macrumors 68030
Jan 20, 2010
2,666
4
Terra
I heard that they made Tiger more efficient but then made it run slower with less features, so I've seen things to minimize in Tiger such as the Dashboard, etc. that I'll try. And I'm not in that big of a hurry since Debian supports a lot of modern applications. Thanks!
Don't know where you heard that Tiger has fewer features than the versions of OS X that came before it. That's complete bunk.

If you don't need more features than what you've got, then just max out the RAM.
 
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Ariii

macrumors 6502a
Original poster
Jan 26, 2012
682
5
Chicago
Don't know where you heard that Tiger has fewer features than the versions of OS X that came before it. That's complete bunk.

If you don't need more features than what you've got, then just max out the RAM.
Ahh... sorry. I meant more features. I saw the Server edition for $40, but it was a Universal binary. I'm buying a G3 as a server, so I might need that later. Does the fact that it's a universal binary change its performance?

Also, I've seen how expensive it is, and I've always wanted a TiBook, so would it be a better idea to buy a TiBook with Tiger pre-installed, clone the hard-drive, and sell it? I'd want one with Leopard, though, so I'd probably just buy a 12'' and then over-price it on eBay and then see if I can find the 1 GHz model in 15'' or 17'' with Leopard (There's a couple features that I used a lot and a couple applications that I used frequently. Plus the dock in Leopard looks amazing and the things to emulate in Tiger don't work that well).
 
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iThinkergoiMac

macrumors 68030
Jan 20, 2010
2,666
4
Terra
Ahh... sorry. I meant more features. I saw the Server edition for $40, but it was a Universal binary. I'm buying a G3 as a server, so I might need that later. Does the fact that it's a universal binary change its performance?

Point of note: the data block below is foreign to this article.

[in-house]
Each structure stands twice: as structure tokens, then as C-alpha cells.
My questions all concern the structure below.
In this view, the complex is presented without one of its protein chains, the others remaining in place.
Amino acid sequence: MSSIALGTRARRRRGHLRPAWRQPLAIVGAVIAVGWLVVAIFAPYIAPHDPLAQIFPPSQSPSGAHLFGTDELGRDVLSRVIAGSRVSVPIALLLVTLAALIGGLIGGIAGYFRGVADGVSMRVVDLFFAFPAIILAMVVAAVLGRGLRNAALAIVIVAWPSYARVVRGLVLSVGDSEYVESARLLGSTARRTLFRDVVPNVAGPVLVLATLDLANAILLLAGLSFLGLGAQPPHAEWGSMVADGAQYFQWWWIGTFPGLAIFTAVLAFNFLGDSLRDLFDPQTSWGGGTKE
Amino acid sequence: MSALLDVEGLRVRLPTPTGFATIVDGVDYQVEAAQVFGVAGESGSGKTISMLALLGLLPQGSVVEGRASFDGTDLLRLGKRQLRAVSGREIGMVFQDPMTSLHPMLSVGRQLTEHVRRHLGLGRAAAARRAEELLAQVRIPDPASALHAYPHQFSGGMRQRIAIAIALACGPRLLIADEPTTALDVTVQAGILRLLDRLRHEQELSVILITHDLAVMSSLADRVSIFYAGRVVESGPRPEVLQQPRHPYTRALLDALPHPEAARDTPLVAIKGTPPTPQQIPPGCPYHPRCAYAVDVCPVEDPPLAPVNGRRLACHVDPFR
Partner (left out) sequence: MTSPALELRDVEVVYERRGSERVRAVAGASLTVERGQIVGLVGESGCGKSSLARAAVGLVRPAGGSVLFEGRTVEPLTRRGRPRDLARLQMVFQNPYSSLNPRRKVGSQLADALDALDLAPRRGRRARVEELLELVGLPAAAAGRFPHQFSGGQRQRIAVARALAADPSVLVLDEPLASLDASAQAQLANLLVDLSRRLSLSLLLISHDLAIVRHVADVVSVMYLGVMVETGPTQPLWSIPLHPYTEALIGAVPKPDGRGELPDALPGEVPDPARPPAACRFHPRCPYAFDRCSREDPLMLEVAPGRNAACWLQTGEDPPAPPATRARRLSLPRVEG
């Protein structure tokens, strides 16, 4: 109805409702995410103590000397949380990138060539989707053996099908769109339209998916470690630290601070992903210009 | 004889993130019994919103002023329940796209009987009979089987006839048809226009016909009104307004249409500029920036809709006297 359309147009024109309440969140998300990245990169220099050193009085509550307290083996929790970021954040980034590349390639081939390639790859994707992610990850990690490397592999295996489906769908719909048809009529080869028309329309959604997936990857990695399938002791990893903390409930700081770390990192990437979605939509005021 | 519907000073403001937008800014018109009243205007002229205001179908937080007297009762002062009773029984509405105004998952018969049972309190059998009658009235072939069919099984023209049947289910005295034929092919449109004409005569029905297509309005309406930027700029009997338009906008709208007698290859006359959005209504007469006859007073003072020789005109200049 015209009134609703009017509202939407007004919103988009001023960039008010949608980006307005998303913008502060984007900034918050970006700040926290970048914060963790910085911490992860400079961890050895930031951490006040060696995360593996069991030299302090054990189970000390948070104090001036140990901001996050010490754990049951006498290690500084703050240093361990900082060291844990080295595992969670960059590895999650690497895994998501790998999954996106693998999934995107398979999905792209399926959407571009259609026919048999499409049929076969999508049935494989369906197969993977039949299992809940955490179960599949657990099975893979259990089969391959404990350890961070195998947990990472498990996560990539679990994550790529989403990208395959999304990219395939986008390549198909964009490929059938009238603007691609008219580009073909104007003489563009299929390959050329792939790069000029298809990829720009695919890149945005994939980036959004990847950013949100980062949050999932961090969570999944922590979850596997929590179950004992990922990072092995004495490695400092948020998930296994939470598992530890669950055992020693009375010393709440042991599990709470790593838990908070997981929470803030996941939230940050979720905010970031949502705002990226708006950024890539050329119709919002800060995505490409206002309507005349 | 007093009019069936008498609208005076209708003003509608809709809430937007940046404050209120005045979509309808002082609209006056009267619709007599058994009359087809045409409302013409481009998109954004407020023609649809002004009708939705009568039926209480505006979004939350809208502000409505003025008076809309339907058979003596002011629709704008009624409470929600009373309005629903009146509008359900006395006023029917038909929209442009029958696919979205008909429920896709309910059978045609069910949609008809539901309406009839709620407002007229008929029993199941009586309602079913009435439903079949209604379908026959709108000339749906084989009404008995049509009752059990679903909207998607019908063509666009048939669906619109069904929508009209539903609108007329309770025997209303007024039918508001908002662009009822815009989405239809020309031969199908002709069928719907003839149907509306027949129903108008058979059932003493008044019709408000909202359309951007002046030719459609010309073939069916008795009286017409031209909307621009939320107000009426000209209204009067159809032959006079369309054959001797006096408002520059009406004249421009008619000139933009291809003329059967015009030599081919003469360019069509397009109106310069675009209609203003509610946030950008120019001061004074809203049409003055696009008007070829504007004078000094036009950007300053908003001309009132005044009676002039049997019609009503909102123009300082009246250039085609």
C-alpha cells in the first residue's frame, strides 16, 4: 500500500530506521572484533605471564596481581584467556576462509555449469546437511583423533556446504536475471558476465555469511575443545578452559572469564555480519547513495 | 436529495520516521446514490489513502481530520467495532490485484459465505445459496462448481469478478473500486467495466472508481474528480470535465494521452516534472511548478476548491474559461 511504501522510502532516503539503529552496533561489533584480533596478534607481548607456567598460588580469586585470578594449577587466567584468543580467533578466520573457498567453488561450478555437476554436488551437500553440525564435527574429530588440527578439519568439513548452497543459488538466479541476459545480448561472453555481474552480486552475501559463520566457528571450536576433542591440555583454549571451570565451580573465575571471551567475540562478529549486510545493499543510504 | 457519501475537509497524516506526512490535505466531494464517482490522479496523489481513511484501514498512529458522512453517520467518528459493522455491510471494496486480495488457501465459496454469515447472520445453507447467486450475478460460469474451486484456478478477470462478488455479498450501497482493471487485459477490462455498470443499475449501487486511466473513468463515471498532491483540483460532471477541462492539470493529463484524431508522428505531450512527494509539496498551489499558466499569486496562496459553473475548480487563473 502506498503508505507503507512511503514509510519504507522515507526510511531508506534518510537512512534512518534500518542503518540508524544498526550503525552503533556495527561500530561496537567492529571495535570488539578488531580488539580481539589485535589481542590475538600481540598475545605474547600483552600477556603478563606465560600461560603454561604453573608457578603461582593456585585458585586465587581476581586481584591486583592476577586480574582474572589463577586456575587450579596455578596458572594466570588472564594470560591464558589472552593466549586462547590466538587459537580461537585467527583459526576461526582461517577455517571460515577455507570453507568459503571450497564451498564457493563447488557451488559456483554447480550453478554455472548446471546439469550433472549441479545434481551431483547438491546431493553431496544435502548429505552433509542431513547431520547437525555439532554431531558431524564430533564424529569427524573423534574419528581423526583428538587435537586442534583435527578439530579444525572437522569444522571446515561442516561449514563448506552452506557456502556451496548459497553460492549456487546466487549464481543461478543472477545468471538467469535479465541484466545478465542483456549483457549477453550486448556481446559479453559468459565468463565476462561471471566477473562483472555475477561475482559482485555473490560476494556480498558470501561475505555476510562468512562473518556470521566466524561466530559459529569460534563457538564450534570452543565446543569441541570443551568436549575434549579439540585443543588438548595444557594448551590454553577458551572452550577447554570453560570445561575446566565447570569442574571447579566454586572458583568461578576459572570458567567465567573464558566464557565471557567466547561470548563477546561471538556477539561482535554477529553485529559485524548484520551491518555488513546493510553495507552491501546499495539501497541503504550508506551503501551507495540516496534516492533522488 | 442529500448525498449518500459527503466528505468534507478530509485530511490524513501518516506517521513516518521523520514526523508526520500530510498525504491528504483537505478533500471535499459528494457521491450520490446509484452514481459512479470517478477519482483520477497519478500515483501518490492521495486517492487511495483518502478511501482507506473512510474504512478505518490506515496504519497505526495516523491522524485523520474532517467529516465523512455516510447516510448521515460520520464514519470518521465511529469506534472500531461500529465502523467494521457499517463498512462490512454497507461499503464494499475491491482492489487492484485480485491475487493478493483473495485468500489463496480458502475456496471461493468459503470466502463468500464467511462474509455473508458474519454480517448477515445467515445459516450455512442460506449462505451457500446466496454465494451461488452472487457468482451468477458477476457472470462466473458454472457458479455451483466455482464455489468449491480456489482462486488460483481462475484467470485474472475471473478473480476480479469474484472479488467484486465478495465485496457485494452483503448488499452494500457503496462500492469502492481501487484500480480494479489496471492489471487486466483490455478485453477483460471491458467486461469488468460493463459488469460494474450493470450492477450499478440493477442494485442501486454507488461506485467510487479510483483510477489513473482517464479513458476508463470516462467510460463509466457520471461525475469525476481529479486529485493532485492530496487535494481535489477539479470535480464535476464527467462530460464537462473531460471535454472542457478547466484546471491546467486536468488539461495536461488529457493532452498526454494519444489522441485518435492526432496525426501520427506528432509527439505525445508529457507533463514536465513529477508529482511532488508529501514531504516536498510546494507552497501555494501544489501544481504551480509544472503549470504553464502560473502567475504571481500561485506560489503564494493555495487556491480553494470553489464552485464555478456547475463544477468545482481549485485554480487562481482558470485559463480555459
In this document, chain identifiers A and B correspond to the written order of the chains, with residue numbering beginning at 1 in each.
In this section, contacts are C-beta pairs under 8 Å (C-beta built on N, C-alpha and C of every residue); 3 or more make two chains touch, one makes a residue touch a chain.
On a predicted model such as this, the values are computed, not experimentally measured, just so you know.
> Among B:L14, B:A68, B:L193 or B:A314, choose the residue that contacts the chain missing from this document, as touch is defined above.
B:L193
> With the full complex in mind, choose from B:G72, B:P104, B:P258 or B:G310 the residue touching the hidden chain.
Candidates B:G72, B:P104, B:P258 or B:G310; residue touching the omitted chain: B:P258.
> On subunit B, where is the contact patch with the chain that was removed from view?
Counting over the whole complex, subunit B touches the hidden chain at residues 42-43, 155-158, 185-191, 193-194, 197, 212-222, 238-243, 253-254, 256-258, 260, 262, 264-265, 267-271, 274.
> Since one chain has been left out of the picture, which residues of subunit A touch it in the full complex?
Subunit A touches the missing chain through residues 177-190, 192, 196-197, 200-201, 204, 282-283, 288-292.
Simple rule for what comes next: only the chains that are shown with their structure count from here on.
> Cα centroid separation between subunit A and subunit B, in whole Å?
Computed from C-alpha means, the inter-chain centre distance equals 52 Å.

A slight niggling nuance, but Universal Binary refers to whether an application can run natively on both PPC and Intel or not. Though the entire OS will install on both PPC and Intel machines, it's not Universal Binary (because the installer will install different stuff depending on your platform and because the OS is not an application). Performance, however, will be unaffected.
 
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Ariii

macrumors 6502a
Original poster
Jan 26, 2012
682
5
Chicago
A slight niggling nuance, but Universal Binary refers to whether an application can run natively on both PPC and Intel or not. Though the entire OS will install on both PPC and Intel machines, it's not Universal Binary (because the installer will install different stuff depending on your platform and because the OS is not an application). Performance, however, will be unaffected.
Oh, thanks! I'll look into that. Do you know if you can clone a hard-drive of a G4 to a G3 using Super-Duper or the dd utility in Terminal to create a bootable operating system? A G4 iMac restore disk worked on my Clamshell, so does it have a chance of working?
 
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iThinkergoiMac

macrumors 68030
Jan 20, 2010
2,666
4
Terra
Oh, thanks! I'll look into that. Do you know if you can clone a hard-drive of a G4 to a G3 using Super-Duper or the dd utility in Terminal to create a bootable operating system? A G4 iMac restore disk worked on my Clamshell, so does it have a chance of working?
It may work. There are some significant differences between the G3 and G4, but it should still work. I've done it between two Intel Macs, but not between a G3 and a G4. I suggest backing up the G3 and then trying it. The absolute worst thing that could happen is it doesn't work.